BRISTOL, England – Despite their small size, ants have big-brained methods for learning new skills and trades. Scientists from the University of Bristol used a small robot to blend in with rock ants and uncover their secrets of teaching each other complex behavior such as directions to a new area.
The key behind teaching ants another route is through tandem running. The instructor will poke and prod another ant as signals that they’re in the right direction or need to reorient themselves. Once the student learns the new route and can find its way back home, it becomes the teacher. They then lead another ant and the cycle repeats.
“Teaching is so important in our own lives that we spend a great deal of time either instructing others or being taught ourselves. This should cause us to wonder whether teaching actually occurs among non-human animals,” says Nigel Franks, a professor of Bristol’s School of Biological Sciences in a statement. “And, in fact, the first case in which teaching was demonstrated rigorously in any other animal was in an ant.”
The team built a robot that could substitute as the teacher ant. If the other ants were able to follow the robot’s approach then it would indicate that the team knew all the elements for ant teaching.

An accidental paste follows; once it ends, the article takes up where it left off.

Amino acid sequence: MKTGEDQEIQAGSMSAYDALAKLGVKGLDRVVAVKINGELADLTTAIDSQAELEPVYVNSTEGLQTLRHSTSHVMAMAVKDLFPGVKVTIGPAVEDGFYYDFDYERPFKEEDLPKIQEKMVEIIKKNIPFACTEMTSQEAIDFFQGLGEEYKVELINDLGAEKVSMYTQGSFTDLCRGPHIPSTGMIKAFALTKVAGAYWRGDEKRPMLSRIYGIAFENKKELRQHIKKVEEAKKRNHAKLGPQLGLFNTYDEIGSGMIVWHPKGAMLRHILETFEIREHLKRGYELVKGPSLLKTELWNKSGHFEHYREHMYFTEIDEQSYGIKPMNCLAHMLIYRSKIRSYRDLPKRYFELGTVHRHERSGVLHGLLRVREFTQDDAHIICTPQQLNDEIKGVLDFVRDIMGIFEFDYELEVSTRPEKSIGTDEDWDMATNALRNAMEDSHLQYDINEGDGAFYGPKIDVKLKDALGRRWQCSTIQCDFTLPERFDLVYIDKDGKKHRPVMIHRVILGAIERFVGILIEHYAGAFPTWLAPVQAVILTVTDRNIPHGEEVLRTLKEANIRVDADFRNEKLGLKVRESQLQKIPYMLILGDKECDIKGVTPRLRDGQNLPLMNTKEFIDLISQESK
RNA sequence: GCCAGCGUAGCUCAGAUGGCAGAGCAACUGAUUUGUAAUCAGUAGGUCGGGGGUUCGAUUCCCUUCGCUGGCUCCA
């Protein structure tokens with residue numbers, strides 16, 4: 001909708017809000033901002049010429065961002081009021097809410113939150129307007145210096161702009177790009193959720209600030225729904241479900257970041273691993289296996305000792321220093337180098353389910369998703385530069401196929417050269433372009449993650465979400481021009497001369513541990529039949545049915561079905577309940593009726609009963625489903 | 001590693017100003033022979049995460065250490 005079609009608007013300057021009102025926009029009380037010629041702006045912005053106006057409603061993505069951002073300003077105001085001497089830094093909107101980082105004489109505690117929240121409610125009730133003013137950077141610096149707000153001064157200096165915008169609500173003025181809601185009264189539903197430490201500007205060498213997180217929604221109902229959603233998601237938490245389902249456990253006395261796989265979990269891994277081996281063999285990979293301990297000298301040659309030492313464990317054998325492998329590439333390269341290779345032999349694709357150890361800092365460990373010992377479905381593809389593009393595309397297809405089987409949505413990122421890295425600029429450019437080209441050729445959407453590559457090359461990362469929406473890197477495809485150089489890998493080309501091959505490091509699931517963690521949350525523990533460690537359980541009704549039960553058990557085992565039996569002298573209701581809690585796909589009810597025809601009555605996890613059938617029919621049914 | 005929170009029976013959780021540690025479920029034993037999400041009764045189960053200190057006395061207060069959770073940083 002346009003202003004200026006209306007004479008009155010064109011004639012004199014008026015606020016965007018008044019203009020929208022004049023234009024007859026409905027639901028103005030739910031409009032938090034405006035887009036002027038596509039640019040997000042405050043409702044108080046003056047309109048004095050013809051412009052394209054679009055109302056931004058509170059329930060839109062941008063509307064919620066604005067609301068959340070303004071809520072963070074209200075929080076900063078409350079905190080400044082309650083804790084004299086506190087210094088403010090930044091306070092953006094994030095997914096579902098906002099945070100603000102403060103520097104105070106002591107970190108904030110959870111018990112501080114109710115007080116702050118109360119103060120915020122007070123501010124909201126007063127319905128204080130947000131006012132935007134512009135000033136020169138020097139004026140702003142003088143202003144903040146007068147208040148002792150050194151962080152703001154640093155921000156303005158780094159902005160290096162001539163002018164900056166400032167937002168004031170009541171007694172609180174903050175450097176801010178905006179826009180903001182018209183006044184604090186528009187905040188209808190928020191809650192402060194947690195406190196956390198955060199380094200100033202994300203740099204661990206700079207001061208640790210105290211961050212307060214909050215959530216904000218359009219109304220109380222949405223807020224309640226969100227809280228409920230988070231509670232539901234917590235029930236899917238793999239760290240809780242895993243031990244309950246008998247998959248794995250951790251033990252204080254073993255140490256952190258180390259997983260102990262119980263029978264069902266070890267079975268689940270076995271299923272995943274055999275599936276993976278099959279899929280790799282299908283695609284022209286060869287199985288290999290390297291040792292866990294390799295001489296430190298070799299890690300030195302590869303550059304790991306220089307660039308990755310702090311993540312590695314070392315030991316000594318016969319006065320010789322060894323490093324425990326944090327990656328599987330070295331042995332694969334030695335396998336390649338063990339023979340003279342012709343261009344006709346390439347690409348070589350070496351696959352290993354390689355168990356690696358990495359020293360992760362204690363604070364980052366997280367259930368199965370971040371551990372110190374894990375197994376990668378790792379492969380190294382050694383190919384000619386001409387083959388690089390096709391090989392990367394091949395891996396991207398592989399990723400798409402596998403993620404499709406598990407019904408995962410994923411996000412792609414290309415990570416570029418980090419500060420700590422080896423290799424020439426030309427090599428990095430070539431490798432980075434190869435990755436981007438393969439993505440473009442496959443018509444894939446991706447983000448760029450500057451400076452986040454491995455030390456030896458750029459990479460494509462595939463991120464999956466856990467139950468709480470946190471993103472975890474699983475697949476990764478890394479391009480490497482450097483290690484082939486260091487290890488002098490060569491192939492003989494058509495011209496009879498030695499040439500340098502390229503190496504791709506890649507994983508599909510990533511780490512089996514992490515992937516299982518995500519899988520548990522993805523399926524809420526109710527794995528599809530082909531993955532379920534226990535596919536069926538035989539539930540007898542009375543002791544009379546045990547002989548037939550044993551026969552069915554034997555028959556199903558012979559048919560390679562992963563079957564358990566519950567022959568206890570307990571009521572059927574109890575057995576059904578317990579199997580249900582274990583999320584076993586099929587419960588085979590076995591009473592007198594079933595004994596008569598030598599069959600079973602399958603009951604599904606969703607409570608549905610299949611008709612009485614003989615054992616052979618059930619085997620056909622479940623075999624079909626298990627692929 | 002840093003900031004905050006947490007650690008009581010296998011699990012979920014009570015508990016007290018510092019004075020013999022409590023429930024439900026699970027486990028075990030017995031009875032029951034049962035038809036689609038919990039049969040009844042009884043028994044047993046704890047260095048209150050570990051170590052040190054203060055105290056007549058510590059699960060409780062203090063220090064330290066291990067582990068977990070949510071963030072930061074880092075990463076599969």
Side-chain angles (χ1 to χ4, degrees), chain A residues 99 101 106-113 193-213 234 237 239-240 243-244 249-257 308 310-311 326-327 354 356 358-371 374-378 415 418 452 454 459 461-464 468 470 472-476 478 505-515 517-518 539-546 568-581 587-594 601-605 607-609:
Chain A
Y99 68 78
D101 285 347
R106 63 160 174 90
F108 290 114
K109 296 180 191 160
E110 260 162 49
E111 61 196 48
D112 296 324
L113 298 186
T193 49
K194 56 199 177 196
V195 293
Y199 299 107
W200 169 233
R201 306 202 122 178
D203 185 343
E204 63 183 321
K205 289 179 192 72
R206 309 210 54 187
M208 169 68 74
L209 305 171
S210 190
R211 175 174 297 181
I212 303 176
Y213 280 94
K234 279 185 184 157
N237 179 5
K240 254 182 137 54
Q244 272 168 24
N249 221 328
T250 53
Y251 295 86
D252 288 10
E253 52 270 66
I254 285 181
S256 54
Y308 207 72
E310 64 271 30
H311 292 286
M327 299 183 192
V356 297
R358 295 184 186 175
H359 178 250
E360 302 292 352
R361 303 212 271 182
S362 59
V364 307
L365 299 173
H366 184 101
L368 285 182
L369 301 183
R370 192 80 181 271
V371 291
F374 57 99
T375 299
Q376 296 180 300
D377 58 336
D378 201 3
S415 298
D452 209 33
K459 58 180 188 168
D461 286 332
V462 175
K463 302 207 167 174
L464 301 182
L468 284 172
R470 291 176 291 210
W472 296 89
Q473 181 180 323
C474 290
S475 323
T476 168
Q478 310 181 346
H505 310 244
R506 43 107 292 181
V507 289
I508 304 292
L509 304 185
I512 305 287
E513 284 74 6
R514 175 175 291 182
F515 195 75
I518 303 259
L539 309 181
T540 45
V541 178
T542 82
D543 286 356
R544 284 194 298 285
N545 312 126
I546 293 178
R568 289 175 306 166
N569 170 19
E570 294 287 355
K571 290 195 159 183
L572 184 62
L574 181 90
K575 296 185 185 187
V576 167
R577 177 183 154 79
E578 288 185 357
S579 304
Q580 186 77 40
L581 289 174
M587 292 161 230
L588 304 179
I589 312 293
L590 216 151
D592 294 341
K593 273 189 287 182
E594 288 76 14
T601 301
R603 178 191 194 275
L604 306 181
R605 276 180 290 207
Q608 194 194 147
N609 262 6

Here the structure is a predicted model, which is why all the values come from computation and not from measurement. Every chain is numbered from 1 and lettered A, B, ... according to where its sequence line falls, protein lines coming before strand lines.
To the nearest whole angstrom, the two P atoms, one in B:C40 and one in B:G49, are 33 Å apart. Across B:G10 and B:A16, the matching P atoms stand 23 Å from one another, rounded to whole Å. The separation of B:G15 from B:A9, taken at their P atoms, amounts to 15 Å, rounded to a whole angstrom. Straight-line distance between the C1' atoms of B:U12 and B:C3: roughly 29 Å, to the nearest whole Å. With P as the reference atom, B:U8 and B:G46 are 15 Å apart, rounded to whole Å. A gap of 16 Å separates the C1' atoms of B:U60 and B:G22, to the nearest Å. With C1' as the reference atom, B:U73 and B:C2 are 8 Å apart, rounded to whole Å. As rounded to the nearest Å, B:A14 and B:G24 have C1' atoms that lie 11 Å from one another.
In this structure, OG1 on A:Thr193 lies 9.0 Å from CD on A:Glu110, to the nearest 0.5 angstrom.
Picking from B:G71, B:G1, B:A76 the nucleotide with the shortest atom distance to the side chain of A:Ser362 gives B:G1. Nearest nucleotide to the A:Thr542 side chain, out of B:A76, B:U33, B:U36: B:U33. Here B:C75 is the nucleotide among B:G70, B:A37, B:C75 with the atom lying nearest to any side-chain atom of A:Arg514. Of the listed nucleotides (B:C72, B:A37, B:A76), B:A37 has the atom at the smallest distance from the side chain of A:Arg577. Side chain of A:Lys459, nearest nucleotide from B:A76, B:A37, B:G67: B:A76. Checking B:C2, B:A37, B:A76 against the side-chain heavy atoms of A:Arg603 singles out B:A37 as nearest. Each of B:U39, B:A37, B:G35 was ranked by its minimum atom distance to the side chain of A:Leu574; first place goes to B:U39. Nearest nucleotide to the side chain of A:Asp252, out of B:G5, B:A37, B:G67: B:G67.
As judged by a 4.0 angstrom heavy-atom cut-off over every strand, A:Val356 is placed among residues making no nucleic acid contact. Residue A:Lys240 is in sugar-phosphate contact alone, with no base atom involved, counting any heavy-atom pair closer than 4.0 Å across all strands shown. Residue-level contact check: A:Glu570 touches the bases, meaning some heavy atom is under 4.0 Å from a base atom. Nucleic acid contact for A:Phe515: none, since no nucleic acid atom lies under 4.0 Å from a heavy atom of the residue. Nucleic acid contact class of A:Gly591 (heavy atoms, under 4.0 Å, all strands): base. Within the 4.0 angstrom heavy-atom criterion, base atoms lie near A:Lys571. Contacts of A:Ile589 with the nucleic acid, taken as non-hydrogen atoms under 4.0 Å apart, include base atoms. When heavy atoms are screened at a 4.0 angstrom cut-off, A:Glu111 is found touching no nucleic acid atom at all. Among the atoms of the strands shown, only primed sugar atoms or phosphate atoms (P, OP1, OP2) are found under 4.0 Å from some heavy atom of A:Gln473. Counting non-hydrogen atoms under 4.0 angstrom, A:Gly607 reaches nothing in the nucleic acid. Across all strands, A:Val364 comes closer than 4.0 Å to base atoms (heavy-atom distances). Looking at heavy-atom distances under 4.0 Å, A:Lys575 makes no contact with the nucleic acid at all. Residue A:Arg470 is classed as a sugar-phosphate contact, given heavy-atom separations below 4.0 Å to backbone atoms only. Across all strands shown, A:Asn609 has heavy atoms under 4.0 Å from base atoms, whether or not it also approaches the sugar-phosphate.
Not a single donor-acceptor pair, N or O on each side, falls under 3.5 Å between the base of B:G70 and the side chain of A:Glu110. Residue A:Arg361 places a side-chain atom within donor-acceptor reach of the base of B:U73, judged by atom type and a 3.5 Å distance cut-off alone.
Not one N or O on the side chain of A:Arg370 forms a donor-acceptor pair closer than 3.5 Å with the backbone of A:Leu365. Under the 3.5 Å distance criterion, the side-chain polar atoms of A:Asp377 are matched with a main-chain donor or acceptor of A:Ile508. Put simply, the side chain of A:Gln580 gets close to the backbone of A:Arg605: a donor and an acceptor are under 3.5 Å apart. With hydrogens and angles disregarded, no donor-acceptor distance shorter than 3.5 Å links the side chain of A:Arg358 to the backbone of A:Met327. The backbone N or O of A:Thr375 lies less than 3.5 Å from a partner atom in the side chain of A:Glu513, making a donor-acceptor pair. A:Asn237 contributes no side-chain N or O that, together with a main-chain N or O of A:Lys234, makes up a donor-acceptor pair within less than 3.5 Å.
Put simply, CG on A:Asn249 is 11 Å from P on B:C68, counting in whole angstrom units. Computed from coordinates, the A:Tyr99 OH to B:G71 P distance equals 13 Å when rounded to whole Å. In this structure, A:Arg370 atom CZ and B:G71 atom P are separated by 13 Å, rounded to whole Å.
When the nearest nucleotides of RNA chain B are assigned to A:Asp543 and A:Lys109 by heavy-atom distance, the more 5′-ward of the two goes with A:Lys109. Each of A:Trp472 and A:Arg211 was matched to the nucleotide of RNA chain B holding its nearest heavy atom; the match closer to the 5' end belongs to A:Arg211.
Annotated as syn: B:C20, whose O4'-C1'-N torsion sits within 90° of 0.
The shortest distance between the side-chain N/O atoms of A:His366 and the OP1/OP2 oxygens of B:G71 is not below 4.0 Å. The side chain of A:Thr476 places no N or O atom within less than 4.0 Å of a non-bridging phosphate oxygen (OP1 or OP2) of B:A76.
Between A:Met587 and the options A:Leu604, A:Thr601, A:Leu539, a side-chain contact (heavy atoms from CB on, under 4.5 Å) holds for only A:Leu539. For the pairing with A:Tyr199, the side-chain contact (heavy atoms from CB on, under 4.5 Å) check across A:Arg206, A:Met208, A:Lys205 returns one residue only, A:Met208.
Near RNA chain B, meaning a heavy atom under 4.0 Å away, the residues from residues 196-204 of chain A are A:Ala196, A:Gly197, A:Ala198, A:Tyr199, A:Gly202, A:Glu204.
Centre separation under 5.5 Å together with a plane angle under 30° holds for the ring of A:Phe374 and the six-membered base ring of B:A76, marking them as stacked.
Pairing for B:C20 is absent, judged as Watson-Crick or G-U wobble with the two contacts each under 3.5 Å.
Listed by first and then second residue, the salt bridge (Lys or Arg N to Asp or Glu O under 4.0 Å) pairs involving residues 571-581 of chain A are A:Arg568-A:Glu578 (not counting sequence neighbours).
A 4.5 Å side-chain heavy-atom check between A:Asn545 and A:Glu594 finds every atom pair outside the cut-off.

After building the robot, the researchers created a large arena to put distance between the old, low-quality nest and a newer one that could be led to by a robot. Scientists were able to move the robot around in wavy and straight approaches using a sliding overhead bridge, called a gantry, attached to it. The robot came equipped with attractive scent glands from a worker ant, to mimic the pheromones of an ant teacher.
“We waited for an ant to leave the old nest and put the robot pin, adorned with attractive pheromones, directly ahead of it,” explains Franks. “The pinhead was programmed to move towards the new nest either on a straight path or on a beautifully sinuous one. We had to allow for the robot to be interrupted in its journey, by us, so that we could wait for the following ant to catch up after it had looked around to learn landmarks.”
The gantry had another purpose: tracking the path of the returning ant and whether it followed the instruction of the robotic teacher. The researchers found the robot was successful in teaching the student ant how to get back to the old nest, regardless if the route was curvy or direct.
“A straight path might be quicker but a winding path would provide more time in which the following ant could better learn landmarks so that it could find its way home as efficiently as if it had been on a straight path,” adds Franks. Not only did the robots teach other ants how to get home, but those that were taught by it versus not taught were more successful and quicker in their return trip.
The study is published in the Journal of Experimental Biology.